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This diminutive bird sculpture belongs to an unusual variety of palma of unconfirmed geographic distribution that is likely to have originated in or about the north-central Gulf Lowlands in the Late Classic period. Very small palmas were of a handy size for transport and occur on the Gulf coastal plain in limited numbers. Several in similar format, but with distinct motifs, have been found in the adjacent northern part of the state of Puebla. This particular specimen is executed in hard dark stone, an unusual medium for palmas. It is reportedly from near the city of Puebla in the Central Highlands of Mexico, some 200 km inland from the Gulf Coast.
Of miniature size and squat appearance, the sculpture is executed in a variant of the Classic Veracruz style that abbreviates and compresses many elements. The head of a crested carnivorous bird rests on a standard palma base. The open beak, with a nostril bulb at its base, is largely straight with a pronounced elongation and hook on its upper half. The smallish eyes are round indentations, possibly for inlays, at the corner of stylized scrolls. The ridge between the scroll-brows is wrinkled or feathered. Ears are depicted well back of puffy cheeks in an anthropomorphic mode.
Around the neck is a square stone necklace atop what may be pendants or a cape-like garment. The whole abuts what is probably a representation of a backboard with a segmented, almost niche-like design that ends in squared scrolls. This element is, in turn, fringed with two opposing groups of feathers that approximate raised wings. The posterior surface is arched forward and plain. The bottom is gently curved. Most of the hard stone is polished and pockmarked from natural impurities. There is some battering, apparently ancient.
The figure appears to be that of a bird impersonator in one of the pre–ball game rituals. This avian figure has a crest of four stubby feathers that rise upward and slightly to the front. Short flanking feathers surround the crest plumes. The bird is probably an eagle and quite possibly the black hawk-eagle (Spizaetus tyrannus), a large, impressive bird of prey with a distinctive erect crest of short black and white feathers. It resides in both lowlands forests and lower elevation cloud forests. It was probably associated with a specific deity thought to participate in ball game rituals and most probably with pre-game vision sessions. This rite, with musical accompaniment and a dancing eagle, is shown at El Tajín’s South Ballcourt.
There too, the impersonator raises his wings. This bird posture, as when landing, appears to be the inspiration for the notched form of the palma back. The bifurcate format is common in palmas, and not just those with bird motifs. At times the back is sufficiently split that the wings appear as totally separate. Such rendering may be a tradition of considerable time depth in the genre.
Tropical birds and their impersonators are integral parts of ancient Gulf Lowlands ritualism. This unusual small sculpture is an excellent example of how major palma themes can be compressed and reduced to their essential elements. It also demonstrates one of the extreme variations of the Classic Veracruz artistic expression.
Benson, Elizabeth P. 1963 Handbook of the Robert Woods Bliss Collection of Pre-Columbian Art. Dumbarton Oaks, Trustees for Harvard University, Washington, D.C., p. 20, cat. 98.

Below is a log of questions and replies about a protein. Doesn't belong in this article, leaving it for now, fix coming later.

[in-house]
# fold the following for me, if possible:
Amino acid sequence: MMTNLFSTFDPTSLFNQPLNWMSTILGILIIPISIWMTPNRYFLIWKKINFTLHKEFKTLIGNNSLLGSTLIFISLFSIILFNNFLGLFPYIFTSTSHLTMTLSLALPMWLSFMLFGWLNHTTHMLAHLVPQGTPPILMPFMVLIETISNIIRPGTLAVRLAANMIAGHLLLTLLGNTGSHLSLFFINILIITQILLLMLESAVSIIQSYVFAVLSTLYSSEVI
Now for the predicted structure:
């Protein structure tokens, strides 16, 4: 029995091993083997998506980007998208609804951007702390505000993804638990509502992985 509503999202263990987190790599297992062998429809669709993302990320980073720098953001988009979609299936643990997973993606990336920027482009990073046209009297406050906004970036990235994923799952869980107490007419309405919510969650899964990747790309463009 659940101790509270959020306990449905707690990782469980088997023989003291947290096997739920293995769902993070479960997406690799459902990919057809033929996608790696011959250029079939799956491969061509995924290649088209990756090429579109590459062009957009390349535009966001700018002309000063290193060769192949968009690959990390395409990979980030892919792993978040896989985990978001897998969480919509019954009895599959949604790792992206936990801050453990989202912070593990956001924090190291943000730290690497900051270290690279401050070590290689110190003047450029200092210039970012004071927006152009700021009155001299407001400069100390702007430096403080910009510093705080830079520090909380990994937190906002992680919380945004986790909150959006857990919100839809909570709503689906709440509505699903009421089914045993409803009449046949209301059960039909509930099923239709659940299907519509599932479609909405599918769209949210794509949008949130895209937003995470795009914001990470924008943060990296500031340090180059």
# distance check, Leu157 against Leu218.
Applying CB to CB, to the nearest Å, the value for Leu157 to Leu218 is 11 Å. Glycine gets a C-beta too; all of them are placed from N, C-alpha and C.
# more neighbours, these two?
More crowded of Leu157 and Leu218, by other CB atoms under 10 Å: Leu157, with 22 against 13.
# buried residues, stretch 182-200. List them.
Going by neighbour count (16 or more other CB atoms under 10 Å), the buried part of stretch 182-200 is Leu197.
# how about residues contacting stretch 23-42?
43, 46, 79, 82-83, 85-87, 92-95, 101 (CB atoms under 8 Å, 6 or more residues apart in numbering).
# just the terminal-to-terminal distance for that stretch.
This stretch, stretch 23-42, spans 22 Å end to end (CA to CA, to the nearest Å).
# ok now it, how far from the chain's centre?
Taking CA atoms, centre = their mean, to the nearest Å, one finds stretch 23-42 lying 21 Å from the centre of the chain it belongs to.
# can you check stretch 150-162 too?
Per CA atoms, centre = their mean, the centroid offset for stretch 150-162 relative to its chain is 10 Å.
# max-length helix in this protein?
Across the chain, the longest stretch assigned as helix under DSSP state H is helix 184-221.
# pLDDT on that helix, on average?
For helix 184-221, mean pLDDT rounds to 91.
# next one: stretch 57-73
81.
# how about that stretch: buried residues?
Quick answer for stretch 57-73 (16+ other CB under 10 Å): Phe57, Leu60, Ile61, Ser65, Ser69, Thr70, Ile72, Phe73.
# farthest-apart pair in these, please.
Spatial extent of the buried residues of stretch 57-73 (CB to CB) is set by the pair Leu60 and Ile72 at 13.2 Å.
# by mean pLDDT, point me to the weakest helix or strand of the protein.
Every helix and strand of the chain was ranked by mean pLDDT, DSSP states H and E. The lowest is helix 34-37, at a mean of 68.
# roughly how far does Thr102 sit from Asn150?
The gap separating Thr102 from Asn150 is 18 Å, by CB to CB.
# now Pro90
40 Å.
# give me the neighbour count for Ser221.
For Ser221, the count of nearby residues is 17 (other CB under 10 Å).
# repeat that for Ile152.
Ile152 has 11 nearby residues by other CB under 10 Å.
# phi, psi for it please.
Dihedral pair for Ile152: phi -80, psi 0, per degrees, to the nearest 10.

Bliss, Robert Woods 1947 Indigenous Art of the Americas: Collection of Robert Woods Bliss. National Gallery of Art, Smithsonian Institution, Washington, D.C., p. 22, cat. 100.
Bliss, Robert W. 1957 Pre-Columbian Art: The Robert Woods Bliss Collection. Text and Critical Analyses by S. K. Lothrop, Joy Mahler and William F. Foshag. Phaidon, New York. p. 238, cat. 31, pl. XXIII.
Bliss, Robert W. 1959 Pre-Columbian Art: The Robert Woods Bliss Collection. 2nd ed. Text and Critical Analyses by S. K. Lothrop, Joy Mahler and William F. Foshag. Phaidon, London. p. 246, cat. 31, pl. XXIII.
National Geographic Maps 1997 Antigua Mesoamérica. National Geographic Magazine, Spanish December 1997:supplement map. verso.
National Geographic Maps 2002 Antigua Mesoamérica/Los Mesoamericanos, Map Supplement. Explora y Navega (children's magazine). verso.
National Geographic Maps 2003 Das Alte Mesoamerika, Supplement Map. In National Geographic Spezial, Deutschland. vol. März 2003. verso.
Peabody Museum of Archaeology and Ethnology 1940 An Exhibition of Pre-Columbian Art. January 15 through February 10, Arranged by the Peabody Museum and the William Hayes Fogg Art Museum. Harvard University, Cambridge, Mass., cat. 43.
Ries, Maurice Ruddell (ED.) 1942 Ancient American Art, 500 B.C.-A.D. 1500; the Catalog of an Exhibit of the Art of the Pre-European Americas, April-June 1942, Santa Barbara Museum of Art. Santa Barbara Museum of Art, Santa Barbara, C.A., cat. 221.
Sotheby 1937 Egyptian, Greek, Roman, Indian and South American Antiquities, Native Art. Sotheby, London. cat. 182, pl. IV.
"An Exhibition of Pre-Columbian Art", Fogg Art Museum, Cambridge, MA, 1/15 - 3/2/1940.
"Ancient American Art", Santa Barbara Museum of Art, Santa Barbara, CA, April - June 1942; M. H. De Young Memorial Museum, San Francisco, CA, July - August 1942; Portland Museum of Art, Portland, OR, September - October 1942.
"Indigenous Art of the Americas", National Gallery of Art, Washington DC, April 1947 to July 1954; January 1956 to July 1962.
Formerly in the Mrs. Jean Holland Collection.
Purchased from Sotheby's, London (auction house), by Robert Woods Bliss, June 9 1937.
Robert Woods Bliss Collection of Pre-Columbian Art, Washington, DC, 1937-1962.
Dumbarton Oaks Research Library and Collection, Pre-Columbian Collection, Washington, DC.